Often in his journals Thoreau starts with an observation, drawn usually from the natural world, a perfect little seed of fact, and he waters it and warms it until it germinates and blossoms into a lush growth of prose-foliage. On Dec. 11, 1855, his visit to Holden Swamp in Conantum begins matter-of-factly: “No snow; scarcely any ice to be detected. It is only an aggravated November.” The last observation is dry Yankee wit, but only the seed or a part of it.
Thoreau notes that a northern bird, the pine grosbeak, has strayed to the southern fringe of its customary range. It doesn’t suggest “poverty,” Thoreau writes, “but dazzles us with his beauty.” Thus the watering and warming of the energy already latent in the seed. Read the entire entry, four paragraphs, but allow me to trace some of the growth of this lovely winter flower:
“The winter, with its snow and ice, is not an evil to be corrected. It is as it was designed and made to be, for the artist has had leisure to add beauty to use. My acquaintances [the grosbeaks], angels from the north. I had a vision thus prospectively of these birds as I stood in the swamps. I saw this familiar – too familiar – fact at a different angle, and I was charmed and haunted by it. It is only necessary to behold thus the least fact or phenomenon, however familiar, from a hair’s breadth aside from our habitual path or routine, to be overcome, enchanted by its beauty and significance. Only what we have touched and worn is trivial,--our scurf, repetition, tradition, conformity. To perceive freshly, with fresh senses, is to be inspired.”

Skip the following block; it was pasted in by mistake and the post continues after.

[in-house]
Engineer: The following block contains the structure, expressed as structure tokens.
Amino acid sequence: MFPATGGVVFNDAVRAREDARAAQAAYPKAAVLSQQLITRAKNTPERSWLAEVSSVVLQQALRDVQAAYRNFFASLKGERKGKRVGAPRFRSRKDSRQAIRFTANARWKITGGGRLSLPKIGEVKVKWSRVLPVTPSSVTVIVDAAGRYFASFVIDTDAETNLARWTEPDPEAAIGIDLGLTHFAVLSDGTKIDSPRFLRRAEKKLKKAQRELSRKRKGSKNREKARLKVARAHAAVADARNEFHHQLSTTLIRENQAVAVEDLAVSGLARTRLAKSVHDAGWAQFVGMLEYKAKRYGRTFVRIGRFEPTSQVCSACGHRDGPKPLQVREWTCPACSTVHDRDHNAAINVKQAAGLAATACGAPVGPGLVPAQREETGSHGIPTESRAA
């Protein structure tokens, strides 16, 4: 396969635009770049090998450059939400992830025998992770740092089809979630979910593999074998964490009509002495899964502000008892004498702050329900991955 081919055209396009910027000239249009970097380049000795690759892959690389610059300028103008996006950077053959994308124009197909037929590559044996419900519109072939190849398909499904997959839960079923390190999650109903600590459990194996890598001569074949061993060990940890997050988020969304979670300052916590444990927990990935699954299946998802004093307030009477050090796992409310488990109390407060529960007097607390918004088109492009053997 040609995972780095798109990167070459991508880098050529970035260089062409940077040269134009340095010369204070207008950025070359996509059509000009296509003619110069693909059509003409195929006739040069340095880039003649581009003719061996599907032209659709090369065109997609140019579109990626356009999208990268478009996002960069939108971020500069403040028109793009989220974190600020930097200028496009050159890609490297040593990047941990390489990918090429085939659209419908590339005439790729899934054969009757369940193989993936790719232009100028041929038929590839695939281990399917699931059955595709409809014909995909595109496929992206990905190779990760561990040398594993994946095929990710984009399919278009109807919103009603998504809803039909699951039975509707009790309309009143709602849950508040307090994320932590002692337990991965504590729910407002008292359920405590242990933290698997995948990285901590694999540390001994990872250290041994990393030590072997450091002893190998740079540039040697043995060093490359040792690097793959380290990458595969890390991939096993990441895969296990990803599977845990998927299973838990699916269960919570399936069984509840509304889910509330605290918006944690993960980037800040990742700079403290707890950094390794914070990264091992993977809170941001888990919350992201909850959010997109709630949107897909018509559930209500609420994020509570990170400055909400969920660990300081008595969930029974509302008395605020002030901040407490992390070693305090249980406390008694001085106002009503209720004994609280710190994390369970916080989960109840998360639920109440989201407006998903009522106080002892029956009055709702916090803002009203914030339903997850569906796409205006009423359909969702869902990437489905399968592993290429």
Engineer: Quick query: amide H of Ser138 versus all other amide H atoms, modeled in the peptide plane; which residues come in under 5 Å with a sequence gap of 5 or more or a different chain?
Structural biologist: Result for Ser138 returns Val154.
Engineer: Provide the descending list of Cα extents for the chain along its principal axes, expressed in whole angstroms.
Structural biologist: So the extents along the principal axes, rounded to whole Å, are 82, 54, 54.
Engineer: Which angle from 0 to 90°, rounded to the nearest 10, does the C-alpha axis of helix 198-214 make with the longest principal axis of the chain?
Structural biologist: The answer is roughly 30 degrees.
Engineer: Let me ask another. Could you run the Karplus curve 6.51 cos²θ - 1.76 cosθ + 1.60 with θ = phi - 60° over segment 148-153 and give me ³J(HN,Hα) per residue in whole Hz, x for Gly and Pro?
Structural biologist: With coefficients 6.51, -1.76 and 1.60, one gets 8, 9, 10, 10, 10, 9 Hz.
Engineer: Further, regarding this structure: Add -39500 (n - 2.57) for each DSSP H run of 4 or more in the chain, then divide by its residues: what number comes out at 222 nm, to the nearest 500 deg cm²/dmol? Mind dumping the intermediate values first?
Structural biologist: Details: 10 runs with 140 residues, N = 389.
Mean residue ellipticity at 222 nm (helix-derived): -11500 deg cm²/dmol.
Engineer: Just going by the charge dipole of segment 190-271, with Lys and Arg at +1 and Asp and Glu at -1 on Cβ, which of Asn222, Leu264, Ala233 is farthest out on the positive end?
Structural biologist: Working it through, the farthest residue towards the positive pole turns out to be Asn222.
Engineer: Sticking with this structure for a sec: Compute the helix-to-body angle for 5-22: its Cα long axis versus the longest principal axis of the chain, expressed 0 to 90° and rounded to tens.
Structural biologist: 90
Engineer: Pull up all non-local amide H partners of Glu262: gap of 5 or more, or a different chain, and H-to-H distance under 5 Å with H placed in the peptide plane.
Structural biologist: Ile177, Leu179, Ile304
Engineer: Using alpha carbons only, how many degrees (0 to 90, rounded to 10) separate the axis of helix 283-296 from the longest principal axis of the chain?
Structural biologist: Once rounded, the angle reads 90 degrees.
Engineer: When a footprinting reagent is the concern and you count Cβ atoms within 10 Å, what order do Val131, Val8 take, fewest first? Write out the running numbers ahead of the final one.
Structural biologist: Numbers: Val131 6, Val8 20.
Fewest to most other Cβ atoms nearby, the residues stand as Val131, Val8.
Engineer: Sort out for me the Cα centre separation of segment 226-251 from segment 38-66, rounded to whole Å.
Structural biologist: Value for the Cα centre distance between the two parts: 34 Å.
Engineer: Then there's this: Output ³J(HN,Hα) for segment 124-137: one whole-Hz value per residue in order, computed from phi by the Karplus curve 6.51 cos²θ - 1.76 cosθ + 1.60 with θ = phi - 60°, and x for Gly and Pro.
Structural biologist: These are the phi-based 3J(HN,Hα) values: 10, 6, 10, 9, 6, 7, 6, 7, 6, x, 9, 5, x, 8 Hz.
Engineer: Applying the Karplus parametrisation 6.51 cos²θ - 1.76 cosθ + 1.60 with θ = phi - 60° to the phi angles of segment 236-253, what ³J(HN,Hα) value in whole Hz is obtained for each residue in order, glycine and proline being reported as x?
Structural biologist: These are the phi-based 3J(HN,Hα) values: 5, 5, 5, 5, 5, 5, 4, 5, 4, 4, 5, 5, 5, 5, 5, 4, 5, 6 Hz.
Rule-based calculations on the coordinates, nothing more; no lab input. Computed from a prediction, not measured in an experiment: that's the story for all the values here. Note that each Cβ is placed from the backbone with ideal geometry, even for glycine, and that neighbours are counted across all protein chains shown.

Thoreau’s visual acuity, with eyes physical and spiritual, is hawkish; his clarity, except in most matters political (John Brown), enviable (“I had a vision…”). As a writer, how I’m charmed by his hard-won gift for lifting the mundane (a winter bird) into the beautiful and significant using mere words. He asks us to see the world anew, “with fresh senses.” Two paragraphs later:
“We get only transient and partial glimpses of the beauty of the world. Standing at the right angle, we are dazzled by the colors of the rainbow in colorless ice. From the right point of view, every storm and every drop in it is a rainbow.”
With her Thoreauvian eye Elizabeth Bishop writes in “The Fish”: “…everything / was rainbow, rainbow, rainbow!”